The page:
By Jim Wilson
Building apps for mobile devices presents an interesting challenge because there are two dominant platforms: iOS and Android. Combined, these two platforms have a worldwide market share exceeding 90 percent, so for a mobile app to be successful, it needs to be cross-platform, supporting both. Unfortunately, from a developer’s perspective, these platforms have very little in common.
When building a cross-platform app we need to balance between two opposing needs. On one side, we want to share as much code as possible, so we’re not doing redundant work. On the other side, we want our app to have a look and feel that’s familiar to users; the iOS version of our app should have a look and feel appropriate for iOS and vice versa for Android.
The Developer’s Challenge
iOS and Android are both mobile operating systems based on variations of Unix but that’s where the similarities end. The most obvious difference is the preferred programming languages. The iOS platform primarily uses Objective-C, and more recently Swift, whereas Android relies primarily on Java.
The programming language differences are just the beginning. Each platform has a different event model, security model and UI model. The platforms even have different process and resource management behaviors.
With so many differences, finding an effective approach to cross-platform development is a challenge.
The Developer’s Choices
There are basically three common approaches developers use to address the cross-platform mobile development challenge:
- Build separately
- Use tools with high-level abstractions
- Use tools with a common programming model and minimal abstraction
Building the apps separately using the standard tools for each platform was the most common approach for a long time. It provides full access to all platform features but results in a full 2X development effort. Following an approach that requires two completely separate development efforts to create a single product isn’t practical for most organizations. Thankfully, today, we have other options.
Tools With High-Level Abstractions
The challenge with the tools in this category comes up when creating a single app that has separate looks on iOS and Android. Adding this kind of per-platform behavior tends to be difficult. If you need to access platform-specific features not available through the tools, you have to extend the tools, which can also be difficult. To create these extensions, you’ll need to have skills in the standard languages and tools of both iOS and Android.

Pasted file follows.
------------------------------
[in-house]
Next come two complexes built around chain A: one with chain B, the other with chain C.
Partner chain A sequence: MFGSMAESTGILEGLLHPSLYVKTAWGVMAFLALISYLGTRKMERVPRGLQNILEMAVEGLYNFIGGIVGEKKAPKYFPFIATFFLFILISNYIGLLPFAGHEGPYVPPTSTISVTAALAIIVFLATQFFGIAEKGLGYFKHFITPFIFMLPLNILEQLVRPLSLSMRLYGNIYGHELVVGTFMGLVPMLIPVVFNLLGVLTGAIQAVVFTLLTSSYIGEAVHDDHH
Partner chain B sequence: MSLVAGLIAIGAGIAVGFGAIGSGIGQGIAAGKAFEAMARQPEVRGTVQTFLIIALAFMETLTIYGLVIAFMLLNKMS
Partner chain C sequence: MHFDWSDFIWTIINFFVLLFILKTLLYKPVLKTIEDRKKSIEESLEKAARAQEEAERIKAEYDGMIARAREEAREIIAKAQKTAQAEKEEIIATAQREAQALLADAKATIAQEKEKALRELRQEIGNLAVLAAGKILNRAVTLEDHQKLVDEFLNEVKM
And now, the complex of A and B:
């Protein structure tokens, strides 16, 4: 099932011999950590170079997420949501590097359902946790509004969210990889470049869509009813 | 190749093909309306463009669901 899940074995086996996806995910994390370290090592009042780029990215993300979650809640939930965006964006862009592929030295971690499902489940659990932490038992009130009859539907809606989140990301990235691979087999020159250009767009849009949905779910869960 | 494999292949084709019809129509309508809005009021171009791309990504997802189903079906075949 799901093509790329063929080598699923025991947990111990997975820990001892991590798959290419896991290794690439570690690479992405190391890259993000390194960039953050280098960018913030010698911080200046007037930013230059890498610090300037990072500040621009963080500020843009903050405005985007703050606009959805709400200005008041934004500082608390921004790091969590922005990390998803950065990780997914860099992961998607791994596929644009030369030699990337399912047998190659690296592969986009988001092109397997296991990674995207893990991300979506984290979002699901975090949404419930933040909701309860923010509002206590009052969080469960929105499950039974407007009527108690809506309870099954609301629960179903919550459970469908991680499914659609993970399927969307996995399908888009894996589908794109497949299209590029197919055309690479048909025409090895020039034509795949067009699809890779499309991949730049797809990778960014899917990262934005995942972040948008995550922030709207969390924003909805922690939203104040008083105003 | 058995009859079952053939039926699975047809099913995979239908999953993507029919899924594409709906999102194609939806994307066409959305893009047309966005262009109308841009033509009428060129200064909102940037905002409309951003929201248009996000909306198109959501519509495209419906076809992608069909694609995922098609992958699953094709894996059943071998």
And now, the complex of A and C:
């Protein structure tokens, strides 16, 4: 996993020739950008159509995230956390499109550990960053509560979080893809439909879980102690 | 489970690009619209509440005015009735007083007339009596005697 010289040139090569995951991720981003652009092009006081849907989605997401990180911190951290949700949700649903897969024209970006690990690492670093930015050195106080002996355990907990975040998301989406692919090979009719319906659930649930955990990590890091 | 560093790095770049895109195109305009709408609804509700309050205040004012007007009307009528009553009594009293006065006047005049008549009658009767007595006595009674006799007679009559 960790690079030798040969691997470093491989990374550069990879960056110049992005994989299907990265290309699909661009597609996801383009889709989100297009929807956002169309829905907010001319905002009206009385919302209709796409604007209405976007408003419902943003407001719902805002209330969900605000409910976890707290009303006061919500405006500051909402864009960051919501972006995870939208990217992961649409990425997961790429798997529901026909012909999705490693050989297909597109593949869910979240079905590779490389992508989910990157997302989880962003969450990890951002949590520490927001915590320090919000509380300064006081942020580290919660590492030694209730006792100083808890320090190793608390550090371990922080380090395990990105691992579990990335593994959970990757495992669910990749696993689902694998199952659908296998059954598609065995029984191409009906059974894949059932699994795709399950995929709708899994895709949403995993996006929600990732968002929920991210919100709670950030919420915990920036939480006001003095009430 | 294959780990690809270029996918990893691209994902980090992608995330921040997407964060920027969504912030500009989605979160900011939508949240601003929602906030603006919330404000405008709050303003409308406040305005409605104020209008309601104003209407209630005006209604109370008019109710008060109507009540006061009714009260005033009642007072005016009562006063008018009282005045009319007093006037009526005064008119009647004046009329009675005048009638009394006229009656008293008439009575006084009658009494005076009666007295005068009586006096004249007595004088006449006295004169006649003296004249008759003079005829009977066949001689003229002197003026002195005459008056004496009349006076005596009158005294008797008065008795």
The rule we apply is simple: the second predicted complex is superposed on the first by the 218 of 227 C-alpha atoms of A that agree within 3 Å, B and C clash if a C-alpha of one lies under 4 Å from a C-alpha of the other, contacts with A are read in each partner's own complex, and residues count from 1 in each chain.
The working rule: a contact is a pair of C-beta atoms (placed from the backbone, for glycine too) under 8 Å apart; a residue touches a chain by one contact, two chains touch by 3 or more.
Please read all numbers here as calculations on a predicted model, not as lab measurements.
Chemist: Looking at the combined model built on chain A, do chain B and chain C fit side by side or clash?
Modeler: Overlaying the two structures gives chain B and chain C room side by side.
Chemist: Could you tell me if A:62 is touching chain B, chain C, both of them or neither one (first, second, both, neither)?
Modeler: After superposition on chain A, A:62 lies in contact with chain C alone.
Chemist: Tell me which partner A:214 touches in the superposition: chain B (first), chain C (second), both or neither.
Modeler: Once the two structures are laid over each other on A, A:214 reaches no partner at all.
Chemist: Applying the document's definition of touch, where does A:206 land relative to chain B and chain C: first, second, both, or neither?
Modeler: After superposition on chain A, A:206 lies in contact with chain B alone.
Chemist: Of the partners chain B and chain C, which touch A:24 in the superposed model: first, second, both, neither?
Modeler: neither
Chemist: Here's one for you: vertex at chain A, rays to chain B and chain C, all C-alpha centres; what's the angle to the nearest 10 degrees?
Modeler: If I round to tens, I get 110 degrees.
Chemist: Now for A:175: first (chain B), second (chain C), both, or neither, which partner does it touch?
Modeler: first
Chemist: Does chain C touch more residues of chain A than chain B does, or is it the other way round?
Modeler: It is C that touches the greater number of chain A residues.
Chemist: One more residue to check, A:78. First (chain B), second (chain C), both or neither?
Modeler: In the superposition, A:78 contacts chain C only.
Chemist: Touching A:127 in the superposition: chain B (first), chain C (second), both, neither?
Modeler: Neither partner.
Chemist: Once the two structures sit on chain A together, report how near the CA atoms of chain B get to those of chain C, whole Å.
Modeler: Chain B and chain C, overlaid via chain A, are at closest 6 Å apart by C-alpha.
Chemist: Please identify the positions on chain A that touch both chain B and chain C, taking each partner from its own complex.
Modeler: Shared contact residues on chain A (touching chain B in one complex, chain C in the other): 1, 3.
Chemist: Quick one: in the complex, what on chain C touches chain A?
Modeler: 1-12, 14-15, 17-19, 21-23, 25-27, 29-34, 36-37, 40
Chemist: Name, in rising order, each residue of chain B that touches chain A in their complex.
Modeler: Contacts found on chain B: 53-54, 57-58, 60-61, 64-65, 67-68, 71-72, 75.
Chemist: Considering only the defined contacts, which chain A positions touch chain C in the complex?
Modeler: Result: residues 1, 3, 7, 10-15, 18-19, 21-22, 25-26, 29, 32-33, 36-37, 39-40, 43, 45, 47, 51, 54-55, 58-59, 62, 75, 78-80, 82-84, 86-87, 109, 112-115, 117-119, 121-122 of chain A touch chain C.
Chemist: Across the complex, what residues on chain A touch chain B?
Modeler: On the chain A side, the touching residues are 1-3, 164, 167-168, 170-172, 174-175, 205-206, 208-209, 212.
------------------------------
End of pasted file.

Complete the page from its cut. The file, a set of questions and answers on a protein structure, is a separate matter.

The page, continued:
Tools With a Common Programming Model and Minimal Abstraction
There are a few tools that provide a programming language and class library that work across both platforms while still providing access to the unique features and behaviors of each platform. The most popular tool in this class is Xamarin.
Xamarin allows developers to write iOS and Android applications using the C# programming language and .NET Base Class Library (BCL). Code related to things like business logic, communications and other similar behaviors can be shared between iOS and Android apps. Xamarin also includes bindings to the underlying features of each platform, which allows the apps produced with Xamarin to look, feel and behave just as apps created with the standard iOS and Android tools. All Xamarin code, whether platform specific or shared, is written in C#.
Historically, the approach to developing apps with Xamarin was to divide the application development into UI and non-UI code, with only the non-UI code being shared. In mid-2014, this began to change with the introduction of Xamarin Forms, a UI library that provides a common UI model for both iOS and Android. Xamarin Forms is backed by both platforms’ native components, which gives apps an appropriate look on each platform. Xamarin Forms does not completely eliminate the need for platform-specific UI code, but it does reduce it.
As we’ve seen, iOS and Android have a number of significant differences, and development tools offer varying approaches to dealing with these differences.
To work effectively, you’ll need to decide which is more important to you: code sharing or platform-specific feature access. Once you make that decision, get started working with the tool that fits that decision best.
Jim Wilson creates courses on mobile app development for Pluralsight, the leading provider of online training for technology professionals. He is the lead mobile developer for Spectafy, a startup providing community driven, location-specific, real-time information and photos. He is also president of JW Hedgehog, Inc., a consulting firm specializing in solutions for the Android, iOS and Microsoft platforms. Jim has over 30 years of software development experience with the past 14 years focused primarily on mobile and location-based solutions.
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